Facebook's failure to communicate about its mood experiment is the least of the things Internet companies do to us.
Facebook Privacy: 10 Settings To Check
(Click image for larger view and slideshow.)
Facebook COO Sheryl Sandberg apologized on Wednesday for the company's undisclosed psychological experimentation on Facebook users and acknowledged that the research effort was "poorly" communicated, a word which here means "not."
According to the Wall Street Journal, Sandberg, while in New Delhi, remarked, "We never meant to upset you," echoing Facebook researcher Adam Kramer's claim that "our goal was never to upset anyone."
In fact, the study at issue, published recently by researchers from Facebook, the University of California, and Cornell University, looks a lot like it was designed to test the social network's ability to upset (and excite) people. In January 2012, it exposed some 700,000 people to News Feeds weighted with either positive or negative posts and images to test whether users' emotions could be swayed.
The researchers concluded that emotional states can indeed be influenced by what people see and read. This is more or less what marketers, artists, and politicians have known since forever. But Facebook users were upset, evidently because this is different from Facebook's publicly disclosed manipulation of users' News Feeds.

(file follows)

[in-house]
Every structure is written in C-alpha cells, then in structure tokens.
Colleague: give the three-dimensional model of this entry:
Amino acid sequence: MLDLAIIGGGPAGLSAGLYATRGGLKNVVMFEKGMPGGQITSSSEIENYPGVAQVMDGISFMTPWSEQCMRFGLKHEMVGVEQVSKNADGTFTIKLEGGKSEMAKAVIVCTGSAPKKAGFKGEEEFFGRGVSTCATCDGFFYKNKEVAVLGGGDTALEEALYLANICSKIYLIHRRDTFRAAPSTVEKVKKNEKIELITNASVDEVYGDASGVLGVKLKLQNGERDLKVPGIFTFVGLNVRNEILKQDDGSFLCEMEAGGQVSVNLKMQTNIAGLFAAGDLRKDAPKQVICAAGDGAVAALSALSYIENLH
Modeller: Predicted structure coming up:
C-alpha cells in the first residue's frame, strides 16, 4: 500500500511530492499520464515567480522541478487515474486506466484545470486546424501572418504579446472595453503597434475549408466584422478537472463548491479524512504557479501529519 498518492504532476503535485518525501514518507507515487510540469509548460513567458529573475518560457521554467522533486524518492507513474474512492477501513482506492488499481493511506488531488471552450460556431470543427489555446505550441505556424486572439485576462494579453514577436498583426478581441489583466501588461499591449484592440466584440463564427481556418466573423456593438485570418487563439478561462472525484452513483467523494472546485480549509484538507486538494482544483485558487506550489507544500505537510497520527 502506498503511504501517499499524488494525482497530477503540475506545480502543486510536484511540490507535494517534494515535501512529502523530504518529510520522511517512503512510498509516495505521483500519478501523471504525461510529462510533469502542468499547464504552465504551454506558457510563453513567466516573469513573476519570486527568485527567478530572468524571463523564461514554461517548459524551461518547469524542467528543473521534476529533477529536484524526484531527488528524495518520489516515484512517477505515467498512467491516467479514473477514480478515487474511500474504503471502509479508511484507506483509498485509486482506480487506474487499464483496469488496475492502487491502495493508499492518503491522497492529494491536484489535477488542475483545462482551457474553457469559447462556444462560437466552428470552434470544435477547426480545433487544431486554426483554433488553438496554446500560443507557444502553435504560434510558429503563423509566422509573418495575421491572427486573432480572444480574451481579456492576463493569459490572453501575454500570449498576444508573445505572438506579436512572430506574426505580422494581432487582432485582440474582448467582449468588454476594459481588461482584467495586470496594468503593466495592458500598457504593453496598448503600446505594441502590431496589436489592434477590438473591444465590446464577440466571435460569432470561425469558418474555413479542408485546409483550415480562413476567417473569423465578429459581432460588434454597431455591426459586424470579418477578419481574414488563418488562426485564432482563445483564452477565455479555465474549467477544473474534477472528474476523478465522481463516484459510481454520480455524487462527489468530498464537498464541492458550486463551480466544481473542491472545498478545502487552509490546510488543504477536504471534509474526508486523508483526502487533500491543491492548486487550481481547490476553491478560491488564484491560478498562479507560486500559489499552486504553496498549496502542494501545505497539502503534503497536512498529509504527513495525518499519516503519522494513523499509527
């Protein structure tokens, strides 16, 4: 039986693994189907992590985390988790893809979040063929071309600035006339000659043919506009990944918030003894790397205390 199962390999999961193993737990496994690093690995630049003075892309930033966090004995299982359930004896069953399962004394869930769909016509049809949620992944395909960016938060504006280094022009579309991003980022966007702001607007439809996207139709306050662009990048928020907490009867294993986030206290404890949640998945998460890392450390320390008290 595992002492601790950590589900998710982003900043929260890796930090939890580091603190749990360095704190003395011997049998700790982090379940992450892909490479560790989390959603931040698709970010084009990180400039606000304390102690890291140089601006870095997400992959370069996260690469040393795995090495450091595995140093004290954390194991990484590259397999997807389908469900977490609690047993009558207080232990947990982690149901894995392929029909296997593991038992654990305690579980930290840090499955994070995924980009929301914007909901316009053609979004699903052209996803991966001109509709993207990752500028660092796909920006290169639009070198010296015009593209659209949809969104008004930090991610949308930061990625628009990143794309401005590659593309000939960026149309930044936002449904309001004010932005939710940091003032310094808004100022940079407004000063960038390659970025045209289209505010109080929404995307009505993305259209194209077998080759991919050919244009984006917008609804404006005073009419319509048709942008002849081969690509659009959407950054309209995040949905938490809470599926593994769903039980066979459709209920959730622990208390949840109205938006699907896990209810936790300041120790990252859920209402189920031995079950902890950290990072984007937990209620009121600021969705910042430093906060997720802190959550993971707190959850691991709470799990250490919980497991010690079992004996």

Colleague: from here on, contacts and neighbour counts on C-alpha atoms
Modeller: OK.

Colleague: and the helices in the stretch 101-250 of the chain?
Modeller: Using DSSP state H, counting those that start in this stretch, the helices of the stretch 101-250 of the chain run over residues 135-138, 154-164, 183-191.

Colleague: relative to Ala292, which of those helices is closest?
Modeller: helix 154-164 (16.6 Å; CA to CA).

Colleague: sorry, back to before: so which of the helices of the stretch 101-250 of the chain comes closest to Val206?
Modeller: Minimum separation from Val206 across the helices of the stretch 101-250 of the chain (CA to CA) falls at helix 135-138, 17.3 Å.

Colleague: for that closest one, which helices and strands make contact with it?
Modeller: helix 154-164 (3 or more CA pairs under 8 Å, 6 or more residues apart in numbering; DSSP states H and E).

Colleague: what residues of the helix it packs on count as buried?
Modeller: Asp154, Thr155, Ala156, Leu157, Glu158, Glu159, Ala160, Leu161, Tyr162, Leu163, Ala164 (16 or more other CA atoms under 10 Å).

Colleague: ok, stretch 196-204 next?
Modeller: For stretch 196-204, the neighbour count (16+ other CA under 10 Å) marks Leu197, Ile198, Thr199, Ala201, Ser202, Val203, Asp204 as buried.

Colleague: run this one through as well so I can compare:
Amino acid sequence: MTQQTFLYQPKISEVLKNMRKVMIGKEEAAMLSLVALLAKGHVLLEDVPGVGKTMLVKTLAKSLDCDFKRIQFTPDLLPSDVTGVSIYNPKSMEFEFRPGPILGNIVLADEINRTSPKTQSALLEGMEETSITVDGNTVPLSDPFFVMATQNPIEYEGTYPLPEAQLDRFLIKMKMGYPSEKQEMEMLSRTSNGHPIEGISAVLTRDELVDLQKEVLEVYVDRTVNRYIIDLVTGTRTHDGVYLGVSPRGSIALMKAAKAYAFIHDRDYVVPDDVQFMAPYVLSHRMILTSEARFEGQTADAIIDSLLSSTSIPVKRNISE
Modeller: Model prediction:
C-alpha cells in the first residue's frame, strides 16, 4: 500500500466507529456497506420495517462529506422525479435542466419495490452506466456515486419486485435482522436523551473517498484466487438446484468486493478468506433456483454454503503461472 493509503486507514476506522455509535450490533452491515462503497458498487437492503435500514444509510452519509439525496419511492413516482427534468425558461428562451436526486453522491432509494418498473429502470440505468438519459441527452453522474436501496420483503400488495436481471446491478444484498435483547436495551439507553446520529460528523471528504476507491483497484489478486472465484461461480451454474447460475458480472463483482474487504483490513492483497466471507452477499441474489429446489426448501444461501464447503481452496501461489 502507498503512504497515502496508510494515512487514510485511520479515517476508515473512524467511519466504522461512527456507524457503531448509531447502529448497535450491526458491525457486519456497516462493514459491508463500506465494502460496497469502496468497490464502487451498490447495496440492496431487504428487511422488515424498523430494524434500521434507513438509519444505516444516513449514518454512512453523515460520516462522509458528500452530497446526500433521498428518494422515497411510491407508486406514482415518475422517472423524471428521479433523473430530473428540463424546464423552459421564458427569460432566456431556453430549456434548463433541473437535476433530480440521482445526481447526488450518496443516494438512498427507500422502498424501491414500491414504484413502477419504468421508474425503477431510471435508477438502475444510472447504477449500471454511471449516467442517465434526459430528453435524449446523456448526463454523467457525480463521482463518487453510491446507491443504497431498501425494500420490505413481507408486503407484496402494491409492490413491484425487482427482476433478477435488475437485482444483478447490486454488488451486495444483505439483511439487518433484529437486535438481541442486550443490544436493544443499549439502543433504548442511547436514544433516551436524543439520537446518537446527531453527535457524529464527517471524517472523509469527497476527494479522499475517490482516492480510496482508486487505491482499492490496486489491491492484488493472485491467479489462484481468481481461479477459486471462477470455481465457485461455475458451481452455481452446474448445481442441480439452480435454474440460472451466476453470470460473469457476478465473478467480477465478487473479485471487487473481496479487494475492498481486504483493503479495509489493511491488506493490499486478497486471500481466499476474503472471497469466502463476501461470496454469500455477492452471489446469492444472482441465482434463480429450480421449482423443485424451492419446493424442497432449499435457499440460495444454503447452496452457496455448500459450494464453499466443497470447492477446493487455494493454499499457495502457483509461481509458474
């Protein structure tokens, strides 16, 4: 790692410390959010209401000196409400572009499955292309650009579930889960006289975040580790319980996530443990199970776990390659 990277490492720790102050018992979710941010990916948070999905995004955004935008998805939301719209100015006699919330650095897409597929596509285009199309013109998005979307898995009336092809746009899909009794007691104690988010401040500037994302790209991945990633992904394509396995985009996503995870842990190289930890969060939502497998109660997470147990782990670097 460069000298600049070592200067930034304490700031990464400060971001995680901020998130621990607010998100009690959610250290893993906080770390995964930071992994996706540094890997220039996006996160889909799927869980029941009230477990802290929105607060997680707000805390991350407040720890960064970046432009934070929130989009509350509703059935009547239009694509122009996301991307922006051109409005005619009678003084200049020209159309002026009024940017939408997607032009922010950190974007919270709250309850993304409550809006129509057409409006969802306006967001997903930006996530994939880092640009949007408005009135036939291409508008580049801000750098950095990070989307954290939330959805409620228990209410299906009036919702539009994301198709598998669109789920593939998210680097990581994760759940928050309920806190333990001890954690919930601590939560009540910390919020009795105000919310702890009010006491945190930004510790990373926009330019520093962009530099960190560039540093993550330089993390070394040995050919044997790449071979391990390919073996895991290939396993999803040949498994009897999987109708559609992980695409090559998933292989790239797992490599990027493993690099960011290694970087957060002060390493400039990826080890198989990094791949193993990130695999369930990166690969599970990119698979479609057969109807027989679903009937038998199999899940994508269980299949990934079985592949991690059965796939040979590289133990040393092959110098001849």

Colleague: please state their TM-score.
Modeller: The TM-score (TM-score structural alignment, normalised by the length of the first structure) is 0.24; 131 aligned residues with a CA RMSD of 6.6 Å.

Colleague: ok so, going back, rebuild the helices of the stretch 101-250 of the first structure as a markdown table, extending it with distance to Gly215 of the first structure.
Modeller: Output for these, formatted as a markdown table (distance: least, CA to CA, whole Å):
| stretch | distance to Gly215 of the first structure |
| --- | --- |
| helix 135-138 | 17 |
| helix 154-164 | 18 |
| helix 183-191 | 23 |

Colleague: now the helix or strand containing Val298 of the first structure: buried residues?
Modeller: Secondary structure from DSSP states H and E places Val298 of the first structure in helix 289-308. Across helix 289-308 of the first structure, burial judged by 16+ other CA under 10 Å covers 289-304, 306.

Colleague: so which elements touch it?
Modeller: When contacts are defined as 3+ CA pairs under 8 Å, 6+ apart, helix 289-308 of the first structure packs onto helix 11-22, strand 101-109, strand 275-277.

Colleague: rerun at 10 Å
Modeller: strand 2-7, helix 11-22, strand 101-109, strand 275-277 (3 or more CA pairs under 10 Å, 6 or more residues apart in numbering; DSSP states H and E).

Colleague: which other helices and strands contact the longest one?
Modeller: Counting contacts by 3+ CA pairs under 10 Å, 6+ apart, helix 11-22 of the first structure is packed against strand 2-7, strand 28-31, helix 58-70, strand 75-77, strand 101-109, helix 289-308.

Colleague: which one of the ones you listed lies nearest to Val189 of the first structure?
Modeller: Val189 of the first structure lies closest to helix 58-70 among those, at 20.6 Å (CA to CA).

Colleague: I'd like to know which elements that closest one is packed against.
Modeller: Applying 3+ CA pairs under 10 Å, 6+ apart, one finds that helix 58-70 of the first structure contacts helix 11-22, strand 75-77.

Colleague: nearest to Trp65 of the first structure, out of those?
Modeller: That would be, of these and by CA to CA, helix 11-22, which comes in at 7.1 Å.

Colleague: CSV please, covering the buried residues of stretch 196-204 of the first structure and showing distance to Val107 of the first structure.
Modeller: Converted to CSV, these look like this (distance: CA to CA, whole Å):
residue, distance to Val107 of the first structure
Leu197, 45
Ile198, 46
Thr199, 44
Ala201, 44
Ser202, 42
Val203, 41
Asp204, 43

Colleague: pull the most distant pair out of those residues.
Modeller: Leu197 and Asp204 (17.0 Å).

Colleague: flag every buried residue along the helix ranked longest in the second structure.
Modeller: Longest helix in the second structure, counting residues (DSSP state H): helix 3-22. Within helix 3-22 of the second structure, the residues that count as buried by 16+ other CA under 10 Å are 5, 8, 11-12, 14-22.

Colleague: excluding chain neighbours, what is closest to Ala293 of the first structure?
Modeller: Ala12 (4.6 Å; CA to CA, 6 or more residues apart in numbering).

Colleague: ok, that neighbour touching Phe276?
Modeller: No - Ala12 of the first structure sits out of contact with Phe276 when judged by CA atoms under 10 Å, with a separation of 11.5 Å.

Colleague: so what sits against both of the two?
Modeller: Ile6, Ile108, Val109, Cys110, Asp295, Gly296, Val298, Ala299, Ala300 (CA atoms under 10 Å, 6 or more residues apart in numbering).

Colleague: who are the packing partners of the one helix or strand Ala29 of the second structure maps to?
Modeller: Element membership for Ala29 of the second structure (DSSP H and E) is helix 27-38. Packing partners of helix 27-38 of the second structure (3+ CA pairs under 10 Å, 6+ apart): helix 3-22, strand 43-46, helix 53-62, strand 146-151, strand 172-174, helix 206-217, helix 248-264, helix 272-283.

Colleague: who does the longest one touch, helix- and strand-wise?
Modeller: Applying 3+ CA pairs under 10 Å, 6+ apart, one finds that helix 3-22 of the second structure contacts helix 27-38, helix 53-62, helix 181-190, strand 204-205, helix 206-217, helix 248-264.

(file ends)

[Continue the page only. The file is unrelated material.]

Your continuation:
Beyond Cornell's curious repudiation of a previous statement that the Army Research Office contributed funding to the research -- let's test Facebook as a tool for regime change! -- the controversy surrounding the study consists of debates about ethics and informed consent.
The study certainly looks to be ethically dubious, but social media itself is ethically dubious. It's based on an asymmetrical exchange: something of known value -- a communications service -- for something of unknown value -- personal data, privacy, and user-generated content. The asymmetry is magnified because Facebook has some idea of the value each user brings to its network.
Yet those seeking to complain about Facebook's failure to disclose its experiment without doing the obvious -- quitting Facebook -- would do better to protest more substantive issues. Here's a 10-course tasting menu of more worthy concerns.
1. Technical paternalism Technology companies make choices that limit how you can use their software, hardware, and services. Facebook insists on filtering users' News Feeds when it could put users in control of the filter. Apple insists on judging apps by different standards than books, in terms of what kind of content is allowed. Google won't allow ad blocking software in Google Play. Technology companies treat customers like children.
2. Changeable contracts Technology companies, along with banks, utilities, and a host of companies in other industries, frequently claim the right to unilaterally change terms-of-service agreements at their discretion, sometimes with and sometimes without notice. Imagine that in the context of a landlord renting to a tenant. After signing a lease for $1,000 a month, the landlord could say the contract has changed and the rent is now $10,000 a month. Simply put, unilateral contractual changes should not be allowed.